When discussing works of art, nothing is truly “perfect,” but plenty of works come close. Luca Guadagnino’s “Call Me by Your Name” is one of those films. Audiences are greeted with one of the warmest, most moving and heartbreaking films of the year. Adapted from Andre Aciman’s acclaimed debut novel, it is a film that lives and breathes through the energy of romance and the emotional hurricane of youth.
A title card reads: “Somewhere in Northern Italy, 1983.” Seventeen-year-old Elio Perlman (Timothee Chalamet) is staying at the summer home of his two parents — his father, a classics scholar (Michael Stuhlbarg), and his mother, a translator (Amira Casar). Elio passes the time partying, loafing around town and chasing after his old friend Marzia (Esther Garrell) until a new visitor arrives. Dr. Perlman brings on a research assistant every summer, this time inviting the handsome, 24-year-old Oliver (Armie Hammer) to stay at the family villa. Elio and Oliver, who bunk in adjacent rooms, barely interact at first. As each of the young men soaks up the summer sun, furtive glances lead to closer bonds, in particular over their shared Jewish heritage. Soon enough, they enter into a passionate relationship, exploring their sexualities in secrecy as the summer threatens to draw to a close.
Bookending the film are two of the strongest credit sequences in recent years. The opening, set to John Adams’ “Hallelujah Junction,” places the film’s strikingly yellow, handwritten text against antique photographs of classical sculpture — ideals of male bodies that, as Dr. Perlman says, “dare you to desire them.” The ending, an all-timer of an emotional gut punch, frames the camera on Elio’s face in an extreme close-up, holding on his gaze for the entirety of the credits and then some more. Each scene is an important moment within the film’s narrative and thematic trajectories, serving as a thesis and conclusion to its sensuous portrait of young love.
Guadagnino’s directorial skills are on their most subtle display yet with “Call Me by Your Name.” His previous films, “I Am Love” and “A Bigger Splash,” are characterized by their edgy, bombastic styles, qualities that Guadagnino completely strips away with his work here. He creates the film’s unbearably tense, sexy atmosphere through quiet moments — glances, touches, flirtations — until the couple consummates their relationship. Even here Guadagnino shows restraint, leaving most of the sex to the viewer’s imagination, only feeding them the slightest details. While an explicit portrayal of homosexuality is still sorely missing in American cinema, the decision to keep things mostly under wraps only makes sense with the film’s approach, one that savors how our bodies interact with our senses in the slightest of ways. But Aciman’s notorious — and symbolically explosive — peach scene makes the cut, giving the audience a “wow” moment with which to leave the cinema. Adding a sense of subdued classicism into the mix is writer James Ivory, the legendary cofounder of Merchant Ivory Productions, whose style complements Guadagnino’s defiant modernism.
The craft of the film is remarkable in its ability to capture Elio’s and Oliver’s feelings. Sayombhu Mukdeeprom, the longtime cinematographer of Thai master Apichatpong Weerasethakul, drenches the immaculate images in sunlight — a large amount of which was artificially created due to historic rains during the film’s shoot. Walter Fasano’s editing is subtly masterful, seamlessly layering on feeling after feeling. Guadagnino also places a heavy emphasis on food and music, two of life’s most sensual pleasures, to explore the relationship.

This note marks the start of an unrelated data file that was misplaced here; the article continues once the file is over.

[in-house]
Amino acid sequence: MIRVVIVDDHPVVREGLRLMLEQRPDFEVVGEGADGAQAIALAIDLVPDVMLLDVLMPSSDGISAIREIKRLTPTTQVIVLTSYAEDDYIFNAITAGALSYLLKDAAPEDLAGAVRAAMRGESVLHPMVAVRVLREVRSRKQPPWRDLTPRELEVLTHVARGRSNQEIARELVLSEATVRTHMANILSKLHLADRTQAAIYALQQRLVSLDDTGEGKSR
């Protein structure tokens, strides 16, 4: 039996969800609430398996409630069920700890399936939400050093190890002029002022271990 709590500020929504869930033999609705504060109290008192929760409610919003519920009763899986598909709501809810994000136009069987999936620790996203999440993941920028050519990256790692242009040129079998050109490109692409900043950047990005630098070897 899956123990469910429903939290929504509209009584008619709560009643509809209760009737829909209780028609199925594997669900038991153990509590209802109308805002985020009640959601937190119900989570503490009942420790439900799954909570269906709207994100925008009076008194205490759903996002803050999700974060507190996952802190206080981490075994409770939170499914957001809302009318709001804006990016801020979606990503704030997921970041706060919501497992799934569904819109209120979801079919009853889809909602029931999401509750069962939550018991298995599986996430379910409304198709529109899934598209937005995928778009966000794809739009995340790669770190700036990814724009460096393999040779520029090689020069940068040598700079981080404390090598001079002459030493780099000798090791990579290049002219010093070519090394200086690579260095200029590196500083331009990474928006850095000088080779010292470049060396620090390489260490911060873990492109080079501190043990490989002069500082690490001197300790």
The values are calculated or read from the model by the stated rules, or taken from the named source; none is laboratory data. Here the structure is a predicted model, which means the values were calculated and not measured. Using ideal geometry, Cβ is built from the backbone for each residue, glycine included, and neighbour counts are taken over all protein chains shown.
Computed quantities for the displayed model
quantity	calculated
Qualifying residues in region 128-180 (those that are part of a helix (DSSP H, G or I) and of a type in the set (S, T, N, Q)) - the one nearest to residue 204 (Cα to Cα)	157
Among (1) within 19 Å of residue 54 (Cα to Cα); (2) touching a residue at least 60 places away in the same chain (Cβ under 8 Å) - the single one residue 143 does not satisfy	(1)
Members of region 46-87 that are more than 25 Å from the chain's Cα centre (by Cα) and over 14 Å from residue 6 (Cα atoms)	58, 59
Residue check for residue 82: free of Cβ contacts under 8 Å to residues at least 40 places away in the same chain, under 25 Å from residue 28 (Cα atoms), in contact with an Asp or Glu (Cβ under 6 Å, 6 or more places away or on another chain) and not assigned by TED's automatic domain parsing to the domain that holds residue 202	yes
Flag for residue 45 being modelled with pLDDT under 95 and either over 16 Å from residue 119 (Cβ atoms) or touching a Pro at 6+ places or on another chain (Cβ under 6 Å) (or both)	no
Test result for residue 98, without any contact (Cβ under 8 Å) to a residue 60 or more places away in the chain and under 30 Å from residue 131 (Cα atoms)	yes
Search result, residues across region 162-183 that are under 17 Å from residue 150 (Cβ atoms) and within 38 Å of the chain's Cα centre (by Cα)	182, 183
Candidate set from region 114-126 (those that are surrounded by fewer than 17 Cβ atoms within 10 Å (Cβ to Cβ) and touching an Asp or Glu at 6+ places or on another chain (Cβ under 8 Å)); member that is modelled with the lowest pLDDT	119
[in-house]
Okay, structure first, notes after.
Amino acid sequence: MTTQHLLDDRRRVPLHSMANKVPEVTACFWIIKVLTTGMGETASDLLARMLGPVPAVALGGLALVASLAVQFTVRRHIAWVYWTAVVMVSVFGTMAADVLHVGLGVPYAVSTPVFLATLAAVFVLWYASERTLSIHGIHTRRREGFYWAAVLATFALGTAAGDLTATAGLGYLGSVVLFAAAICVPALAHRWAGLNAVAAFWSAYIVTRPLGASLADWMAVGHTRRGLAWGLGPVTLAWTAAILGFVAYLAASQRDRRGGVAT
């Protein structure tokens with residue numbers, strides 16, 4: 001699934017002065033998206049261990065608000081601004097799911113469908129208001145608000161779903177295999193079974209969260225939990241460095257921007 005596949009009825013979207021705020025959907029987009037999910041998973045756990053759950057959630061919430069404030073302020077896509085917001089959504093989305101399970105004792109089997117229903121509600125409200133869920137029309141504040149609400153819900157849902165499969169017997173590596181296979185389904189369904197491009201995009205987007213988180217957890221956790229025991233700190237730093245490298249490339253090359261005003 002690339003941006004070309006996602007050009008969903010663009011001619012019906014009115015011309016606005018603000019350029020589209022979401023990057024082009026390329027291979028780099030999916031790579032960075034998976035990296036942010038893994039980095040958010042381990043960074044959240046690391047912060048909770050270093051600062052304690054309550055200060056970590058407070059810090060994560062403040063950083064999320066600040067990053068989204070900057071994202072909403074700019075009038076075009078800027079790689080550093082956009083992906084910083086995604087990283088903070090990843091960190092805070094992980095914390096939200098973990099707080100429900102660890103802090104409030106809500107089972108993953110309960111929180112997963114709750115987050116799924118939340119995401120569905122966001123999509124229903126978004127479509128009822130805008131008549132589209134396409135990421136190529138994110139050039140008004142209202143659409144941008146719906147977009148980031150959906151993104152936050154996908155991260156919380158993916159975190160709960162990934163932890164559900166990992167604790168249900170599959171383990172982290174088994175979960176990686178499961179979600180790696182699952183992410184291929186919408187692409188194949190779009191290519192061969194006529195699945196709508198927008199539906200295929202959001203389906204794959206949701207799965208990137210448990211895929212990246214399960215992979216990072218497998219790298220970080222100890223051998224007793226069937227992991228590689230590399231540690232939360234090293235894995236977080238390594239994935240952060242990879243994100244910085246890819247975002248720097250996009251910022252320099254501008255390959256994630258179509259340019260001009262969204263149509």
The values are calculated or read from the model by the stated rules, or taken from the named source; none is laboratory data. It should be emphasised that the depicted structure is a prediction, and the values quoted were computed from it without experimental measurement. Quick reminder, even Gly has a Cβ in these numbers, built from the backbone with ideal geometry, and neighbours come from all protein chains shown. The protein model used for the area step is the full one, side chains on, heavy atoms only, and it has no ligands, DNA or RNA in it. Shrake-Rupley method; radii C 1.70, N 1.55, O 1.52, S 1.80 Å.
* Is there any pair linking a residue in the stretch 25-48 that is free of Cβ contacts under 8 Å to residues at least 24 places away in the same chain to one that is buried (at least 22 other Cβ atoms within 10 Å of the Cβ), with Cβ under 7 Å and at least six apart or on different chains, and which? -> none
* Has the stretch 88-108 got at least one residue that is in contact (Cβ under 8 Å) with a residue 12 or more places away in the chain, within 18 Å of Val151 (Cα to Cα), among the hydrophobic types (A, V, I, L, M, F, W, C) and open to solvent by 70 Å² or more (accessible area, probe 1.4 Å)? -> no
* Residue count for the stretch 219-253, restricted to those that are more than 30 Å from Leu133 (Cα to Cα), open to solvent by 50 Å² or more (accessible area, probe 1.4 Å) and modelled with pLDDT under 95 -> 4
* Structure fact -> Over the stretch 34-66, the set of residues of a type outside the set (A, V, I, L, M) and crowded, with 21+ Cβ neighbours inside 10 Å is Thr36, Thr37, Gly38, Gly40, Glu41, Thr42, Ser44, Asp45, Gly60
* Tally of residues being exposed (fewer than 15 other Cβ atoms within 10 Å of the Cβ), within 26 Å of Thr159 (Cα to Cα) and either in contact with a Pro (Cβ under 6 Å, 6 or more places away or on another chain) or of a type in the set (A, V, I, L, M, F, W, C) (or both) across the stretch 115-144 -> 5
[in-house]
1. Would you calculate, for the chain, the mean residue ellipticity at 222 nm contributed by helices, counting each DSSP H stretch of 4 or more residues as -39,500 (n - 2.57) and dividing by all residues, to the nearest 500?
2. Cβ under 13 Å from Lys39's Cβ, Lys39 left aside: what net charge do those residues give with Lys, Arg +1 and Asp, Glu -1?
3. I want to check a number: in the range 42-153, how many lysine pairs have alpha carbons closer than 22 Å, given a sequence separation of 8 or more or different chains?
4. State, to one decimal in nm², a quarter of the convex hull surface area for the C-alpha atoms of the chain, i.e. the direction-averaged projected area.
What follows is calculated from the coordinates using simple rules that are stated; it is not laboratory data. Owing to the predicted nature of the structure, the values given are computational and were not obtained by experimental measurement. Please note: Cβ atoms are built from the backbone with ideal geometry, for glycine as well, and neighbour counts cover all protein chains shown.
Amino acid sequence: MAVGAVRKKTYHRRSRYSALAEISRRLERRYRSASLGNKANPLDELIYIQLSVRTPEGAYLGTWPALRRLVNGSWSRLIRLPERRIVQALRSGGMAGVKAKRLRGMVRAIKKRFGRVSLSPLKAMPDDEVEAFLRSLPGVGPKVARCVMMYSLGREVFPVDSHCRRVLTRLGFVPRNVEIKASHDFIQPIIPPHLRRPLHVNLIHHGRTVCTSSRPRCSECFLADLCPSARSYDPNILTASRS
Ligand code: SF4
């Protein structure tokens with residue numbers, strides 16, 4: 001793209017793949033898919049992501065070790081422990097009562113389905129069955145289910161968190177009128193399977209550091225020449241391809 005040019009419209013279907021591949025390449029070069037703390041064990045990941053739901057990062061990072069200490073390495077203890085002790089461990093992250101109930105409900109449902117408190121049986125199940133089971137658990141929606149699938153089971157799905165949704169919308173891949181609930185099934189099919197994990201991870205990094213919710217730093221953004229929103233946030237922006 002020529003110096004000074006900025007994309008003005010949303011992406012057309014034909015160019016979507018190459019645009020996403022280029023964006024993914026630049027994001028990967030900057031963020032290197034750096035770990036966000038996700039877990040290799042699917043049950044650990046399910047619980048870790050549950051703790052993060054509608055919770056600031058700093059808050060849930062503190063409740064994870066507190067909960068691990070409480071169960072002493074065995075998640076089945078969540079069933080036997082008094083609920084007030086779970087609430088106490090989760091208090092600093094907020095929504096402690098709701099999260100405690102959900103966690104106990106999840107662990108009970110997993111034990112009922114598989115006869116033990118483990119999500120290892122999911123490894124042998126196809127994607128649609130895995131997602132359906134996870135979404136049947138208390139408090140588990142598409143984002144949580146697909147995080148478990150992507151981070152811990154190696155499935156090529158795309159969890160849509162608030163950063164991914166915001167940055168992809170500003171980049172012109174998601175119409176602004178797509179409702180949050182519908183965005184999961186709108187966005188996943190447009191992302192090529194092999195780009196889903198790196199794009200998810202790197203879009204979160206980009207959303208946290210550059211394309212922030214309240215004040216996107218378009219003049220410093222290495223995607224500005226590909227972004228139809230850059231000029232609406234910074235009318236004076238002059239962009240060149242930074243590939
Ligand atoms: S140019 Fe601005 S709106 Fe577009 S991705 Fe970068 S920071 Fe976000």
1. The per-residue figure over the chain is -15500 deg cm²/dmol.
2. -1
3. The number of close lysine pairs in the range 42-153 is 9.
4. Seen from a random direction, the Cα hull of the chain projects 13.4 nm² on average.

Music, in particular, is crucial to the film. A varied selection of existing classical pieces forms the basis of the soundtrack, along with a few needle drops — most notably The Psychedelic Furs’ “Love My Way” in a dance scene for the ages. But perhaps the film’s most important contributor is singer-songwriter Sufjan Stevens. Already one of the most talented artists in the music scene today, Stevens was approached to be the film’s de-facto narrator through his songs. Stevens went above and beyond the call, re-recording his song “Futile Devices” and writing two new singles: “Mystery of Love” and “Visions of Gideon.” Both pieces stand among his greatest work, arriving at crucial moments in the narrative and perfectly complementing the emotions on screen.
Also central to the film’s success is the cast. Chalamet, at only 20 years old, gives one of the decade’s greatest lead performances as Elio, while Hammer turns in the best work of his career as Oliver. The two have magnetic amounts of chemistry, creating a devastatingly beautiful love story. Another standout is Stuhlbarg as Dr. Perlman, whose heartfelt monologue prior to the film’s coda is one of the most masterful examples of its craft — along with being the kind of talk everyone would want from a father.
There is perhaps no topic that lends itself to cinema more than romance, especially young love. It binds the personal experiences of all audiences together, making it an artistic force to be reckoned with. “Call Me by Your Name” is such an extraordinary film because of its deep empathy and appreciation of beauty, along with its molding of classical storytelling and technique with an unfortunately rare, honest look at queer lives and relationships. Simply, it’s a quietly revolutionary work of art.